We have seen how the G-Conv exploits symmetries beyond translations by sharing parameters between transformed versions of the same filter bank. As with any idea in deep learning, the most important question to ask is: does it actually work?
To test the effectiveness of G-CNNs, we performed experiments on the well known CIFAR10 image classification dataset, with data augmentation (CIFAR10+) or without. We compared G-CNNs (for G = and G = to standard CNNs for two baseline architectures: the All-CNN-C network by Springenberg et al. (2015) and a 44-layer Residual Network by He et al. (2015)) below.
We see that G-CNNs consistently outperform regular CNNs, with the larger group giving better results than the smaller group. This is true even if we use data augmentation with crops and horizontal flips (right-most column). The -CNNs obtained state-of-the-art results in both augmented and non-augmented settings. (In our follow up paper, we further improved the numbers to 3.65% error on CIFAR10+, and 18.82% on CIFAR100+).
Interestingly, we found that while both CNNs and G-CNNs improve with standard data augmentation (shifts and horizontal flips), performance for both actually degrades if we augment the dataset with vertical flips and 90-degree rotations, because it makes the learning problem much harder (there are no upside-down cars in the test set!). Despite this fact, the -conv (which exploits vertical flips and 90-degree rotation symmetry) works very well.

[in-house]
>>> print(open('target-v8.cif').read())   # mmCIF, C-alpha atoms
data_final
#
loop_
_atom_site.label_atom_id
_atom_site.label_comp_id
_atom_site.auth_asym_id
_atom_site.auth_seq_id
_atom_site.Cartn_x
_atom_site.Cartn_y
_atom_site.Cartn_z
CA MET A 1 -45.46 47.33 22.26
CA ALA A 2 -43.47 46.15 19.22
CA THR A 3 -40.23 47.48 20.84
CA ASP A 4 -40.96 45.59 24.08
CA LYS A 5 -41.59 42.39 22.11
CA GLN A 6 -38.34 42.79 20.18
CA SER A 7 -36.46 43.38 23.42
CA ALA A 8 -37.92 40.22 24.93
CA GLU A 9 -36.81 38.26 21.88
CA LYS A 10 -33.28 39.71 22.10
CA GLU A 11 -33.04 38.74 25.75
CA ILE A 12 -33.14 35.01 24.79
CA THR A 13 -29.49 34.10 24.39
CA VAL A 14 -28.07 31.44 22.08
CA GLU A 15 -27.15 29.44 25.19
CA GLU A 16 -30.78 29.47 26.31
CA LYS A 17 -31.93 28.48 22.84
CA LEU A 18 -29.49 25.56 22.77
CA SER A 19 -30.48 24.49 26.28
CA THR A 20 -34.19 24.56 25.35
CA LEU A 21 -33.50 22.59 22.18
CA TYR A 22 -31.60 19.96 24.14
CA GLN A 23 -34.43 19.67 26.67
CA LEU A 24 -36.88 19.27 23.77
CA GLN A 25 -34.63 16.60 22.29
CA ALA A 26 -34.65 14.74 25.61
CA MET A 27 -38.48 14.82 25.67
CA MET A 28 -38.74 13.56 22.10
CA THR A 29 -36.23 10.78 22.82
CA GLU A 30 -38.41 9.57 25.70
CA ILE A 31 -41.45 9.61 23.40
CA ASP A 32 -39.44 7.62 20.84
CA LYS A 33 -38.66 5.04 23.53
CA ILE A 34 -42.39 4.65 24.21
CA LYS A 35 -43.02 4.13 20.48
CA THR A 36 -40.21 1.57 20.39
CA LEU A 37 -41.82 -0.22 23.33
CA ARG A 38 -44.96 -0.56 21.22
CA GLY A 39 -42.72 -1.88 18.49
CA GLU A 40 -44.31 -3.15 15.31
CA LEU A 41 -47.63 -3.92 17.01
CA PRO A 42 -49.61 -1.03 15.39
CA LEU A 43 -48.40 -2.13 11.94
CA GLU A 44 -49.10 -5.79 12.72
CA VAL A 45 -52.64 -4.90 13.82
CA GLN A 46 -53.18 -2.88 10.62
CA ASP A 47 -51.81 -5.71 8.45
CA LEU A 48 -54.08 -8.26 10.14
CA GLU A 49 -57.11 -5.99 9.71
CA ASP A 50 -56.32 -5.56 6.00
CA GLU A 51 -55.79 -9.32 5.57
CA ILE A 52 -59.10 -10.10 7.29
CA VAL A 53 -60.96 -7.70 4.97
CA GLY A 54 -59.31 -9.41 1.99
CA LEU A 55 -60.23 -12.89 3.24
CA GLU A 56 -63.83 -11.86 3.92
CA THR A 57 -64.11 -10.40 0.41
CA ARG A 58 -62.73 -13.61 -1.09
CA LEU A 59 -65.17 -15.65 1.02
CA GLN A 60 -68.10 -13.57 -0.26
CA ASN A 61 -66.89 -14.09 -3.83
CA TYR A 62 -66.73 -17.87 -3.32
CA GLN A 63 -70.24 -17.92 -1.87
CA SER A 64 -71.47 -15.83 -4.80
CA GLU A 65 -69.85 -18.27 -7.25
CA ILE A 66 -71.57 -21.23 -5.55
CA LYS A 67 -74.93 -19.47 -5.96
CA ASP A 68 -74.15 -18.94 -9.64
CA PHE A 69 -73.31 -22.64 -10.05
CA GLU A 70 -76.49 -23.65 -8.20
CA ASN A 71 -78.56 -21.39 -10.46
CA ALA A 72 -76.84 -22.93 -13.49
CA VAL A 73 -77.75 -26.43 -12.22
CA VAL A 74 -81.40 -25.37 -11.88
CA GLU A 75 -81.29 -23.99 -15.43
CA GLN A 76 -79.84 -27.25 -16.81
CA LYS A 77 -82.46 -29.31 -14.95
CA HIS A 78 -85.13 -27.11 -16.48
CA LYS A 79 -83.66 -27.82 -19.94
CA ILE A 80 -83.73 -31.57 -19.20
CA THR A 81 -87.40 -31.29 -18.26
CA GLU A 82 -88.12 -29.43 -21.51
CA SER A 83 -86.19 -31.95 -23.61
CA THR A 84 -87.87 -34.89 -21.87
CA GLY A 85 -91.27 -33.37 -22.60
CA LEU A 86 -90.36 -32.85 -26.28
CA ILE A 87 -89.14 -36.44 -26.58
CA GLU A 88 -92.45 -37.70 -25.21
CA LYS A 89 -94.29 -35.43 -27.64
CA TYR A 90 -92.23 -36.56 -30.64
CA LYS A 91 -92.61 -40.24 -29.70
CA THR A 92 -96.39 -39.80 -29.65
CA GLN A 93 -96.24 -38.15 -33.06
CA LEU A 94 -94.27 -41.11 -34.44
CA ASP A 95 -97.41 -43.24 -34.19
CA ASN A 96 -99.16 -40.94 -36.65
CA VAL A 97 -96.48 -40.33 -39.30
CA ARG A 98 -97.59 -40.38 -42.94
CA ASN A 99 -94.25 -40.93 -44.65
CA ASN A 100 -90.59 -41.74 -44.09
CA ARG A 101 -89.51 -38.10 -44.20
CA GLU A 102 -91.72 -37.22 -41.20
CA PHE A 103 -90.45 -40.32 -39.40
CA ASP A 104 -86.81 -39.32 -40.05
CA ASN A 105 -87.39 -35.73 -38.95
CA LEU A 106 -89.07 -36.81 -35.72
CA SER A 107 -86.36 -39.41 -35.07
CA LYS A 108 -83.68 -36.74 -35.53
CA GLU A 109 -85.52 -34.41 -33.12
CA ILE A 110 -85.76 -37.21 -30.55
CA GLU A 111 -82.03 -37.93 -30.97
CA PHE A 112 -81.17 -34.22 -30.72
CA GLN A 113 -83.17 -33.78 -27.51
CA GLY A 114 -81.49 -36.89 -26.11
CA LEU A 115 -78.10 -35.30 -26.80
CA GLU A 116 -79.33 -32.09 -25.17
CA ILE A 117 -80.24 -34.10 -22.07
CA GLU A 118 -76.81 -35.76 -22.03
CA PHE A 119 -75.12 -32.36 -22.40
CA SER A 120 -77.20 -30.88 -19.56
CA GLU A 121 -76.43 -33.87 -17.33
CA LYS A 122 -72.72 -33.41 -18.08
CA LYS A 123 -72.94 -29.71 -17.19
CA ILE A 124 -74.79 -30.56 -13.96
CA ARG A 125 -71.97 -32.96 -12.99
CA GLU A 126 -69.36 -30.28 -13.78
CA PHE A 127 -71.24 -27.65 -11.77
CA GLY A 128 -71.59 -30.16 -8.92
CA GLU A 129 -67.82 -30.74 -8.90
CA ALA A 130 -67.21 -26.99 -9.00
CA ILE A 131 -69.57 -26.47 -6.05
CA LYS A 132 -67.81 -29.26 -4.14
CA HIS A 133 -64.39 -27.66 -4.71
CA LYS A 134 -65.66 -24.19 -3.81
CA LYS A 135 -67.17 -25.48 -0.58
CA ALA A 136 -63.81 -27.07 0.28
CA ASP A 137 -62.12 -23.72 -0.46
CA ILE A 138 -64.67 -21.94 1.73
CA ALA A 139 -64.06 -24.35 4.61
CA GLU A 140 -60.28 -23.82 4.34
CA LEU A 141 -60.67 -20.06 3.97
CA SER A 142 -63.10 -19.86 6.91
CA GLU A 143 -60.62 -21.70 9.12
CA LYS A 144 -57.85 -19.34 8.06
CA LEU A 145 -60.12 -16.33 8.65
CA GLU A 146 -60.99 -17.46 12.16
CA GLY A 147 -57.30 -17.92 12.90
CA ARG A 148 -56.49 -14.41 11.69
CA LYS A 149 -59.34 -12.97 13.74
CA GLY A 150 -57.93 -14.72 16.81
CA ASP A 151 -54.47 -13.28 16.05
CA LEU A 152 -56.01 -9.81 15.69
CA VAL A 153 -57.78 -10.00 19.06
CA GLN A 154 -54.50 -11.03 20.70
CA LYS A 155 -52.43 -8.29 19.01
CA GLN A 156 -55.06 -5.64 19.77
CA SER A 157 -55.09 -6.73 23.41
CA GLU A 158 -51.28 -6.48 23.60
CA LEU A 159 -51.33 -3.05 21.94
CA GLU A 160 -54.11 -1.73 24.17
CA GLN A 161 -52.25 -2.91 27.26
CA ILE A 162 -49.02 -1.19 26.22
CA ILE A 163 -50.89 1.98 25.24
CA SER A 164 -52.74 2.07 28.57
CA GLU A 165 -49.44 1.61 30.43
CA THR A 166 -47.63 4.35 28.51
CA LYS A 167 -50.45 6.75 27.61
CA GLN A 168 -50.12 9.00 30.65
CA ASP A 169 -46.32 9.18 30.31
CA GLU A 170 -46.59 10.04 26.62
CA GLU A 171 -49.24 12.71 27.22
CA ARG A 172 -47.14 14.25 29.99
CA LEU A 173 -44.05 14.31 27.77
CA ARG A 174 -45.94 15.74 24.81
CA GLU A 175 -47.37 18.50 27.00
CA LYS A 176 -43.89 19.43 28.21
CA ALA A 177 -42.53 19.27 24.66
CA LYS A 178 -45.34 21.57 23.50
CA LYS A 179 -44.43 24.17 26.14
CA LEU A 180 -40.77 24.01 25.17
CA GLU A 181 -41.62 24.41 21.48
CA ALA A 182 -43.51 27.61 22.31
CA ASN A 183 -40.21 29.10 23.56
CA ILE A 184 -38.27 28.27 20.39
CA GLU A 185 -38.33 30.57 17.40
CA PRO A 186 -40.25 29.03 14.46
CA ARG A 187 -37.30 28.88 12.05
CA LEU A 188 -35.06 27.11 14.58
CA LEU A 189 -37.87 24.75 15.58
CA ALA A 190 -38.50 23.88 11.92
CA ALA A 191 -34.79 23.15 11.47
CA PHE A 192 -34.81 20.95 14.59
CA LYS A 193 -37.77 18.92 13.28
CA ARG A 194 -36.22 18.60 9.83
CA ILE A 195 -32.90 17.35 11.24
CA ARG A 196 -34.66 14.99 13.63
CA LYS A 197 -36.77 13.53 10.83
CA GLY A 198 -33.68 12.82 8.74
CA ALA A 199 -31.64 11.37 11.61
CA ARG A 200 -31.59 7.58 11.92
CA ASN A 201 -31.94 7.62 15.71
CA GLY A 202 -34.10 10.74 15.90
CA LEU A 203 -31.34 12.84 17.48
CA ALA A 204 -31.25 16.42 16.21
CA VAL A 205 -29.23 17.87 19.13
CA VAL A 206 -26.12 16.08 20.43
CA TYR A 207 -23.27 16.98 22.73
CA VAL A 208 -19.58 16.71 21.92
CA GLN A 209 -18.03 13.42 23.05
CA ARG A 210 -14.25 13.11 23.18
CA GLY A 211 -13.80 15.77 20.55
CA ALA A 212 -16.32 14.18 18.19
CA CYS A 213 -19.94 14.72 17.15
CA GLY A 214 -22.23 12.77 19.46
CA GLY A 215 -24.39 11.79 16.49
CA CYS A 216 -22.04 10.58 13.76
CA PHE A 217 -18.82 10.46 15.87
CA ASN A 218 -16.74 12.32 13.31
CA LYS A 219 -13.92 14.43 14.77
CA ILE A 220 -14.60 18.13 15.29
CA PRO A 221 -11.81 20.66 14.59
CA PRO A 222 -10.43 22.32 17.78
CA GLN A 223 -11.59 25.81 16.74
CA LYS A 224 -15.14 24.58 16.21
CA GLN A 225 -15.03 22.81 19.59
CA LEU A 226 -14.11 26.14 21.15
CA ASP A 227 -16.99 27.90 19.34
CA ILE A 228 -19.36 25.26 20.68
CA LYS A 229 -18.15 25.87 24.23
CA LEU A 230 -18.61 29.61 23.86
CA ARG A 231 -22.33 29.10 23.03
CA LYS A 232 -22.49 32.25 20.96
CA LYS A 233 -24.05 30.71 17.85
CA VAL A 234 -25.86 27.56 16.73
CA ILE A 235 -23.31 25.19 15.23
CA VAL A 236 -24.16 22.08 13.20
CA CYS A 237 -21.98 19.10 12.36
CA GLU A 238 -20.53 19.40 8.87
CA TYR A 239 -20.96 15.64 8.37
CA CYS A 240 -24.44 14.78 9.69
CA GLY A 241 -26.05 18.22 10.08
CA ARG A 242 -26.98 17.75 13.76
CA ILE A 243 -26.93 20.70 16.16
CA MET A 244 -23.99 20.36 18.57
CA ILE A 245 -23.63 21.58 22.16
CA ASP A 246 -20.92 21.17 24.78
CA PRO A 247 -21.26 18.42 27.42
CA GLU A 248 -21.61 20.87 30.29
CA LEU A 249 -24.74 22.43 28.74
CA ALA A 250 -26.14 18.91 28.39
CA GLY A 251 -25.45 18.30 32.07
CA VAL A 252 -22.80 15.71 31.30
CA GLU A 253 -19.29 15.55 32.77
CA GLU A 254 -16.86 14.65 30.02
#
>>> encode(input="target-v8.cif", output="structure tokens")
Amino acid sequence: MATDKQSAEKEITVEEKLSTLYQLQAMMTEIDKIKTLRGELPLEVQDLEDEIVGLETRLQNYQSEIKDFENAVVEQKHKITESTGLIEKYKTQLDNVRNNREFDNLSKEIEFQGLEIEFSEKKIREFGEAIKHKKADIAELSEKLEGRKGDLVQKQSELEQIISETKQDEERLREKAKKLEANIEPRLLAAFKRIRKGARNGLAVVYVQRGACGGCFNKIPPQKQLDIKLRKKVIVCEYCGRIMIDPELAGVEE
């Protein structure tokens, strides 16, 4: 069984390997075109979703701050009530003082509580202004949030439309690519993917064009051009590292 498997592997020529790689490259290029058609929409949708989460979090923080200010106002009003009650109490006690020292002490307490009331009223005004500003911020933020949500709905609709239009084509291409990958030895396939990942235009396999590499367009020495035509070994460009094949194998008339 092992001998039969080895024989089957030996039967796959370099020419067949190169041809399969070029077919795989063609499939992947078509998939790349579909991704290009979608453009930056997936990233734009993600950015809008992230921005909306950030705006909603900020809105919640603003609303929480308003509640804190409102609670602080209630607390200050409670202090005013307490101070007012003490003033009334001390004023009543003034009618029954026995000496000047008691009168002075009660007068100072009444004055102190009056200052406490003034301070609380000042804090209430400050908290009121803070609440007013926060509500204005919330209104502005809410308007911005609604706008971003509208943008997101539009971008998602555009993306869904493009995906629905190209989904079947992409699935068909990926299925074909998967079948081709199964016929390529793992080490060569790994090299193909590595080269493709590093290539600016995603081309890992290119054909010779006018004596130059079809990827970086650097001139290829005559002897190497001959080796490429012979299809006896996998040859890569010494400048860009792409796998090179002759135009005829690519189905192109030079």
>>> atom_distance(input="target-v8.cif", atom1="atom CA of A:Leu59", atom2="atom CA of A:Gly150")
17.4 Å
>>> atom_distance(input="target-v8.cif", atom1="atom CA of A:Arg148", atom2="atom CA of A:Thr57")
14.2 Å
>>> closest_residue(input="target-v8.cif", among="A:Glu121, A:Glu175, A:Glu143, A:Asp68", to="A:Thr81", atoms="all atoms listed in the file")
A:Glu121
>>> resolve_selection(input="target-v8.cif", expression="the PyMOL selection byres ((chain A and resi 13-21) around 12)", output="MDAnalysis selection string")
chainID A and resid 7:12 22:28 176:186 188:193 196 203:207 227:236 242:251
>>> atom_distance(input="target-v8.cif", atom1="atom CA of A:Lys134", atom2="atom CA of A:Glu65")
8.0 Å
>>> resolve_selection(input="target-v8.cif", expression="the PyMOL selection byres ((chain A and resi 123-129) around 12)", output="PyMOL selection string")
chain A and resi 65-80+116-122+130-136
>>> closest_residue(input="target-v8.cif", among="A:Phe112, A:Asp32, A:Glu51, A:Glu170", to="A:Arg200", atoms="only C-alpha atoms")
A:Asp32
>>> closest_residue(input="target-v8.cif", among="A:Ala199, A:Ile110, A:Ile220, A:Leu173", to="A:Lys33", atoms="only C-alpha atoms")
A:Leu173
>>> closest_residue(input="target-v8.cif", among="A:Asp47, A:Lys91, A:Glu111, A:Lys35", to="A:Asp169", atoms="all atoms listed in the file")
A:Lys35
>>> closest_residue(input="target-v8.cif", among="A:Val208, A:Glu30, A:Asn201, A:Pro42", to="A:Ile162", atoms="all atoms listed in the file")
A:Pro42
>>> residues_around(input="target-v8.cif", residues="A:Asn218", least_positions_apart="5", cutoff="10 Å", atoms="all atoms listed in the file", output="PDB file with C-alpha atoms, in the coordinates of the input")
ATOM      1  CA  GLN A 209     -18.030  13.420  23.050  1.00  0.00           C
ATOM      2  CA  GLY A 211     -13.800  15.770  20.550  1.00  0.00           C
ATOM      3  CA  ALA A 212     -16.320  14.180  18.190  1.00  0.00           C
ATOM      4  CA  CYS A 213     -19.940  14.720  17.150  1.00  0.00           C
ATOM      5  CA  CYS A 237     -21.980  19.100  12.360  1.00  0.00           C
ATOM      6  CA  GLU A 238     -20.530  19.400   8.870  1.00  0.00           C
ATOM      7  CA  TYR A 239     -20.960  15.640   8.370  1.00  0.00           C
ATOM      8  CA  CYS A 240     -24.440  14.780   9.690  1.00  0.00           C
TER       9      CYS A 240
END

Besides more effective use of parameters, another potential reason for the success of G-CNNs is improved optimization. Whereas a filter in a standard CNN gets a gradient signal from a single channel, a G-Conv filter gets gradient signals from several channels. This leads to a less noisy gradient, and indeed we have noticed that G-CNNs converge much faster than regular CNNs.
If you have never been exposed to group theory before, the mathematics behind G-convs can seem a bit daunting. Hopefully, this blogpost helps in understanding G-convs at the intuitive level and seeing why they make sense.If you want to learn more, check out Chris Olah’s post on groups and group convolutions.
If you’re interested in trying out G-Convs for yourself, have a look at our github repositories GrouPy and gconv_experiments. GrouPy implements the G-Conv layer, and gconv_experiments shows how you can use them (they’re basically a drop-in replacement of the standard conv layers). We have implementations in Chainer and TensorFlow, but porting to other frameworks should not be difficult.
T.S. Cohen, M. Welling, Group Equivariant Convolutional Networks. Proceedings of the International Conference on Machine Learning (ICML), 2016
He, X. Zhang, S. Ren, and J. and Sun, Deep Residual Learning for Image Recognition. arXiv:1512.03385, 2015.
J.T. Springenberg, A. Dosovitskiy, T. Brox, and M. Riedmiller, Striving for Simplicity: The All Convolutional Net. Proceedings of the International Conference on Learning Representations (ICLR), 2015